Jack is nine-years-old, a twin, and one of four kids in his family.

He suffers from anxiety, which can make his days – and nights – pretty difficult.

Last year, Jack was being bullied at school. He was made a target because of his anxiety, and he was subjected to physical and psychological bullying. It became so bad and so confusing that in his 8-year-old mind, he believed there was only one way to stop the pain. 

One day he left a note for his school teacher. 

That night at home, he took a texta and covered his bedroom floor and pillow with the words:

“I don’t want to be alive”.

A year or so on, Jack Wilkinson is still here, and he’s doing much better. Jack has decided to help other kids like him, so he and his mum have started Jack Wilkinson Kids – a project that uses Jack’s quirky (and totally awesome) drawing to raise funds and awareness for the Kids Helpline charity.

Jack had been internalising a lot of the distress he’d been going through. He’s a kid – and when you’re a kid, you don’t always have words for how you’re feeling, know how to ask for help, or know who to talk to.

Fortunately, Jack belongs to a very loving, supportive family. And since that awful time last year, he’s been able to tell his Mum and Dad more about his feelings. The bully at school is gone. And Jack’s been getting extra help from a therapist.

Jack’s mum Kristy says:

“We’ve been able to give Jack a lot of support so he has some strategies for managing the hard things life throws at him. But it really upsets me when I hear about children who’ve reached a stage where they take their lives.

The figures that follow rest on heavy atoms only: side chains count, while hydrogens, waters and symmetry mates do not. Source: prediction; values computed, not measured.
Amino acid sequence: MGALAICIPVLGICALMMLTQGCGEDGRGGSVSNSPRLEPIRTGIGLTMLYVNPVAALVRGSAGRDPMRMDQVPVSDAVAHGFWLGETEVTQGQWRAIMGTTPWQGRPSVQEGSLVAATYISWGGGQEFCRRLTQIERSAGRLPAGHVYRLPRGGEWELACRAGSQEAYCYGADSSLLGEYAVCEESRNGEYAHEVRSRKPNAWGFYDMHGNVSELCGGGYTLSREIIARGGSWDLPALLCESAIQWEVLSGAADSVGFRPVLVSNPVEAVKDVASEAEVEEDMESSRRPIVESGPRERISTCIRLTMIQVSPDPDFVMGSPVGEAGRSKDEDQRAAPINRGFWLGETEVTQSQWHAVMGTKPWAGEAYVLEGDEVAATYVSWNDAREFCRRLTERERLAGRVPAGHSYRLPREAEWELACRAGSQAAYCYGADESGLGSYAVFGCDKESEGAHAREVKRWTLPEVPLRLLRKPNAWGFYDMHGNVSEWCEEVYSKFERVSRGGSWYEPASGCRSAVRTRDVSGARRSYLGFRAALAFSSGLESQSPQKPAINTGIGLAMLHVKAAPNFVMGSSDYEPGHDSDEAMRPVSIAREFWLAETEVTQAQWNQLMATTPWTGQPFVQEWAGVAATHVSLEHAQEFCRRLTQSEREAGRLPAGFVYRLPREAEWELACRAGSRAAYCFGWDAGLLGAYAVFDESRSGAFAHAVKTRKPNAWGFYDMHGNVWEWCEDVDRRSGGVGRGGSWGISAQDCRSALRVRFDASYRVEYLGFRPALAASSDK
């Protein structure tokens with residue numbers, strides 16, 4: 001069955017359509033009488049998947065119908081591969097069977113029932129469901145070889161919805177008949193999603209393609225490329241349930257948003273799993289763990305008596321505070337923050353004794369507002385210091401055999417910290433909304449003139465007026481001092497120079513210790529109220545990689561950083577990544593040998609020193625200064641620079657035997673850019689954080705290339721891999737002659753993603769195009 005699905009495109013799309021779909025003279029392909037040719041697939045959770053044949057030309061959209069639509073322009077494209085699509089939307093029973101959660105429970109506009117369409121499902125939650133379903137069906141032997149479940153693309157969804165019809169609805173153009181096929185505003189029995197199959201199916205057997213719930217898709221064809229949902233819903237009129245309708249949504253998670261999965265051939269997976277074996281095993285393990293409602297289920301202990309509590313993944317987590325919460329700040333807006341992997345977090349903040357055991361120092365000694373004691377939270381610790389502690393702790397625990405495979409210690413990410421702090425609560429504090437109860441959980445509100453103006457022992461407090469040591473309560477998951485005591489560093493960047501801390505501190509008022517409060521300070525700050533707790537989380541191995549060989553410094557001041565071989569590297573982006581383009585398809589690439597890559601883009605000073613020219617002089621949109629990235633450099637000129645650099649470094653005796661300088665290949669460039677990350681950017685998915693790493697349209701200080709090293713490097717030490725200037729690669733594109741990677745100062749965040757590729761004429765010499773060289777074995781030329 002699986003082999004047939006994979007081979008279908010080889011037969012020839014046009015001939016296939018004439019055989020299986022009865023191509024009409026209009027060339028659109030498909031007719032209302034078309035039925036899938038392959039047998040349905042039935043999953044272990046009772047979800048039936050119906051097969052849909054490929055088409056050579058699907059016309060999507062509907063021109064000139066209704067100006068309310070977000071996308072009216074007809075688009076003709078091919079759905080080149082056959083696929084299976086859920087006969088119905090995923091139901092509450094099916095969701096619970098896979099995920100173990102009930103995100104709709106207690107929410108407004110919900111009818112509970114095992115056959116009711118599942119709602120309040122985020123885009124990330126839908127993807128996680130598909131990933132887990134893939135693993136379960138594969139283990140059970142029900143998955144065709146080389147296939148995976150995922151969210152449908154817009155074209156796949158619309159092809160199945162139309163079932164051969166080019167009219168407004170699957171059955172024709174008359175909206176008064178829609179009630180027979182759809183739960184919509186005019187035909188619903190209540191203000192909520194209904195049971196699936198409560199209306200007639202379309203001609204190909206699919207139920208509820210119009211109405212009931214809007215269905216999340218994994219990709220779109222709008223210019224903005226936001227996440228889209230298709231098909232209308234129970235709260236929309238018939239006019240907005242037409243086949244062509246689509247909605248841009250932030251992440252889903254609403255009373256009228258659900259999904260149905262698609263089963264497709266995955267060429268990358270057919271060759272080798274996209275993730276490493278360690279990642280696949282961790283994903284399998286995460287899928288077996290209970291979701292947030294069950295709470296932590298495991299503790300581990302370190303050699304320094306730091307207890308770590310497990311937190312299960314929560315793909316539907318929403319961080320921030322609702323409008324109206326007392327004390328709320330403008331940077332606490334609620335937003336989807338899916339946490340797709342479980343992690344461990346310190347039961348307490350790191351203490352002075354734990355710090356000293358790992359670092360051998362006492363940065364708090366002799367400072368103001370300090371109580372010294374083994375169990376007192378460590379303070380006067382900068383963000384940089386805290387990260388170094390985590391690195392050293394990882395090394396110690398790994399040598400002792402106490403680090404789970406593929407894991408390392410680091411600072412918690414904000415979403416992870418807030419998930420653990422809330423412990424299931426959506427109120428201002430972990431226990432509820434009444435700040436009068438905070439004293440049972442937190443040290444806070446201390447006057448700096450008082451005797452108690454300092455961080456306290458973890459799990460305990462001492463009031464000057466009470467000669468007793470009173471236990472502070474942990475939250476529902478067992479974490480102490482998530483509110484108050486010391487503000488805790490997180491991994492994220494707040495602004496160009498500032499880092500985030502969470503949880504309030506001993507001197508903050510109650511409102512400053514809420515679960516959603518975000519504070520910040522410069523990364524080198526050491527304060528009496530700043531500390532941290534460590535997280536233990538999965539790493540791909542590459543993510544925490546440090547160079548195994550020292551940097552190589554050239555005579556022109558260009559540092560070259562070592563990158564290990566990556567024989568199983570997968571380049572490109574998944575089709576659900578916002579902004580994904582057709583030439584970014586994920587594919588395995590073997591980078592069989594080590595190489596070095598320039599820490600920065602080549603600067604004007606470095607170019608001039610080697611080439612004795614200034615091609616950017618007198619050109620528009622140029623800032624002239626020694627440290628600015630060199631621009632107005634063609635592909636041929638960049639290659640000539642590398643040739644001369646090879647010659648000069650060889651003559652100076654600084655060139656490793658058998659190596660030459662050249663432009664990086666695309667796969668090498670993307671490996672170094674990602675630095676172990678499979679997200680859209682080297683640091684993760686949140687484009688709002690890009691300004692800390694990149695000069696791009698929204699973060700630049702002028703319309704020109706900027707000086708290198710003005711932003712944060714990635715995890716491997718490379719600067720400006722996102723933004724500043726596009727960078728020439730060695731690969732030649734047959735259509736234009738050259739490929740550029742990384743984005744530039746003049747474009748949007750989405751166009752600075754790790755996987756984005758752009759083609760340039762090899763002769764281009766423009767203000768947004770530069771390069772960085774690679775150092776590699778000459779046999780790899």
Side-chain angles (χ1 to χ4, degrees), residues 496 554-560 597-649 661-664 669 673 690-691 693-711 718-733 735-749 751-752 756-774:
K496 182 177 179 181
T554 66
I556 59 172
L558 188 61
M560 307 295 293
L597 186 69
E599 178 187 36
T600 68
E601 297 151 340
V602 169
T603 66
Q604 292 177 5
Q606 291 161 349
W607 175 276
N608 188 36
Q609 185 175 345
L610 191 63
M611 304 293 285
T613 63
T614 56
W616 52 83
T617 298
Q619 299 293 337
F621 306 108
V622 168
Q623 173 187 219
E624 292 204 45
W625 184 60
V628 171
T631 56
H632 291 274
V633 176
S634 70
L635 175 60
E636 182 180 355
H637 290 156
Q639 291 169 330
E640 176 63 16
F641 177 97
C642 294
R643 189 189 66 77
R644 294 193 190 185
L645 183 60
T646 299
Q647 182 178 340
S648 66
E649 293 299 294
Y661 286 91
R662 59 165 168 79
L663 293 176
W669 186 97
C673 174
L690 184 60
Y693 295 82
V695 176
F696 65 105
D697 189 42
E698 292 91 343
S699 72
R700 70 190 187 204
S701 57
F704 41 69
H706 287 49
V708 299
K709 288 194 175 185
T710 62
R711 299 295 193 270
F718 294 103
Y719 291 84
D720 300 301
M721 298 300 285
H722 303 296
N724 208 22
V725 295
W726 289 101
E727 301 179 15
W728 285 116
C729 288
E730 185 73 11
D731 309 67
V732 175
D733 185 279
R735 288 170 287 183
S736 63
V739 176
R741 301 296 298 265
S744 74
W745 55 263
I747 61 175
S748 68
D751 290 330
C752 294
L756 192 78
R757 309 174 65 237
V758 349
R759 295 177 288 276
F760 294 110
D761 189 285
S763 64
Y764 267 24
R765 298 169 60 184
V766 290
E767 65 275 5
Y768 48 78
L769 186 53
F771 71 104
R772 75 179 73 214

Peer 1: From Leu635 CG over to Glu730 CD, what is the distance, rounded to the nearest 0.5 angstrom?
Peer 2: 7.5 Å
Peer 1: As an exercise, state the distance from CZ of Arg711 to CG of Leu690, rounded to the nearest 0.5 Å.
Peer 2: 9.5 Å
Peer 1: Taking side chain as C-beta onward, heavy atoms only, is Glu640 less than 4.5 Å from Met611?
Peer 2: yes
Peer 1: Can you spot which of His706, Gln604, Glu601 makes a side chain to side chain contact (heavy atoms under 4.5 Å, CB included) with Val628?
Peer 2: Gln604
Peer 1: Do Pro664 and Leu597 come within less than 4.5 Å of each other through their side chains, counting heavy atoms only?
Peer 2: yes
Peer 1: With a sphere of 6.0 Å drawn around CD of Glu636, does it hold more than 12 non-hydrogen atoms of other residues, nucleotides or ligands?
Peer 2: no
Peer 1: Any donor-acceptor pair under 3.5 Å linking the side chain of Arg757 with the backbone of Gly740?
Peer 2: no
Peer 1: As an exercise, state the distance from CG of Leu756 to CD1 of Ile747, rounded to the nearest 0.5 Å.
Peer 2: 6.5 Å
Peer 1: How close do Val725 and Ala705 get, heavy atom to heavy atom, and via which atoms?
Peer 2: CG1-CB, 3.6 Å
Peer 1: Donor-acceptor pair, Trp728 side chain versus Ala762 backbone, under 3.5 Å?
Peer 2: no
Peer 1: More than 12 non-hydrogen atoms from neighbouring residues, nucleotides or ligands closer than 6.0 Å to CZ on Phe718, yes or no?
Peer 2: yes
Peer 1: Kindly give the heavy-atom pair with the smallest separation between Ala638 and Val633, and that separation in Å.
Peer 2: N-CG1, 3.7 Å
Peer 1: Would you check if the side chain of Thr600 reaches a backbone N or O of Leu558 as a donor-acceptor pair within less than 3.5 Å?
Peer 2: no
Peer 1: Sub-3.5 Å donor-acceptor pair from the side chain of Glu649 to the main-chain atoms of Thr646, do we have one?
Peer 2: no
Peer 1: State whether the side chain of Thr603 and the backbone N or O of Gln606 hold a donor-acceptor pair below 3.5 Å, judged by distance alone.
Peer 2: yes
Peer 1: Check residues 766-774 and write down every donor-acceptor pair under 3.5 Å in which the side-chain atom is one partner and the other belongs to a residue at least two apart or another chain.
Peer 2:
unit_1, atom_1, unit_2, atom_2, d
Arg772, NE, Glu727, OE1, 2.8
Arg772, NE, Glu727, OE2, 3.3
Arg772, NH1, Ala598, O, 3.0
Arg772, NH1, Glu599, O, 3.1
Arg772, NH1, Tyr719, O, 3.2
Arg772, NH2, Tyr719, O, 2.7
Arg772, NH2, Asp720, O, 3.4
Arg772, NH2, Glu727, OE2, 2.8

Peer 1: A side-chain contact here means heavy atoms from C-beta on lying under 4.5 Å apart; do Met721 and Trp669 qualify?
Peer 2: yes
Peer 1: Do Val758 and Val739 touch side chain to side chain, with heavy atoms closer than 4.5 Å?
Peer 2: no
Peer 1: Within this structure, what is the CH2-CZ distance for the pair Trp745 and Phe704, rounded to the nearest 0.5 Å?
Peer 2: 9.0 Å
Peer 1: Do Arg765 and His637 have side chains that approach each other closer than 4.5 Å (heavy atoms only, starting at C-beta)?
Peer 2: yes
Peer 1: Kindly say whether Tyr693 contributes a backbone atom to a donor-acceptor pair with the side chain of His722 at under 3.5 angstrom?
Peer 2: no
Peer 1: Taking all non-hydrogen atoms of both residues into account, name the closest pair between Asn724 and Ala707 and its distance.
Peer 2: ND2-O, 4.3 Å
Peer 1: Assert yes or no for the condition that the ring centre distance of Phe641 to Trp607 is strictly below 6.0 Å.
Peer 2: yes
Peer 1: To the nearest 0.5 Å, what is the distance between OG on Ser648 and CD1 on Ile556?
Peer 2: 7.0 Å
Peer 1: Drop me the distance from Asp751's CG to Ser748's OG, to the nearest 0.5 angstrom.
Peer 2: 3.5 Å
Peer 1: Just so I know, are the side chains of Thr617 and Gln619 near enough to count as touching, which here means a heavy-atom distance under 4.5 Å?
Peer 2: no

“I want us to be able to reach those kids before they get to that stage. I want kids and their families to know about Kids Helpline.”

The important thing for Jack is that he can now get those feelings of anger, confusion and distress out; he can talk about them. And he says it’s made a big difference:

“It makes me better when I talk to someone.  And when I know they’re doing something about the bad things, it makes me feel safe.

Now, I feel pretty good. But other people are going through the same things as I did and having a hard time. It would be nice for them to be able to talk to Kids Helpline.

“It would be nice they’d have a friend and wouldn’t be as sad or scared. “

Jack has always loved art and drawing. As he’s grown, his parents have realised how valuable it has been for Jack to use art as a way to manage life.  So they’re encouraging Jack to draw and create. They don’t have to ask twice! Jack has MOUNTAINS of drawings.

“It helps me to be calm” he says.

“Instead of my feelings coming in my body and hurting, I can draw and I’m calm and happy.”  

Kristy says her Jack has always been emotional, and very caring. She wasn’t surprised when he told her he wanted to help other kids who were being bullied or feeling scared. Kristy runs a business manufacturing apparel and other products, and she saw a wonderful way to harness Jack’s passion and art for good.

“I love his imagination; he’s really got his own style. So I thought ‘why not print his drawings on T-shirts, then sell them and raise money for Kids Helpline. I’ll handle getting the shirts made and distributed, and we can donate proceeds.”

So now Kristy is selling beautiful quality T-shirts printed with Jack’s best designs – and donating money raised so more children have someone to call or contact online if they need help.

“We’ve told all our children about what Kids Helpline is and does,” she says. “As a parent, it’s reassuring to know they’re there if we can’t be.”

Jack’s completely on board with that:

“I’m lucky my Mum’s started this for me.”

“I want to raise money ‘cos I’d like other people to have a good life. I don’t want any kids to feel bad and not have anyone to talk to.”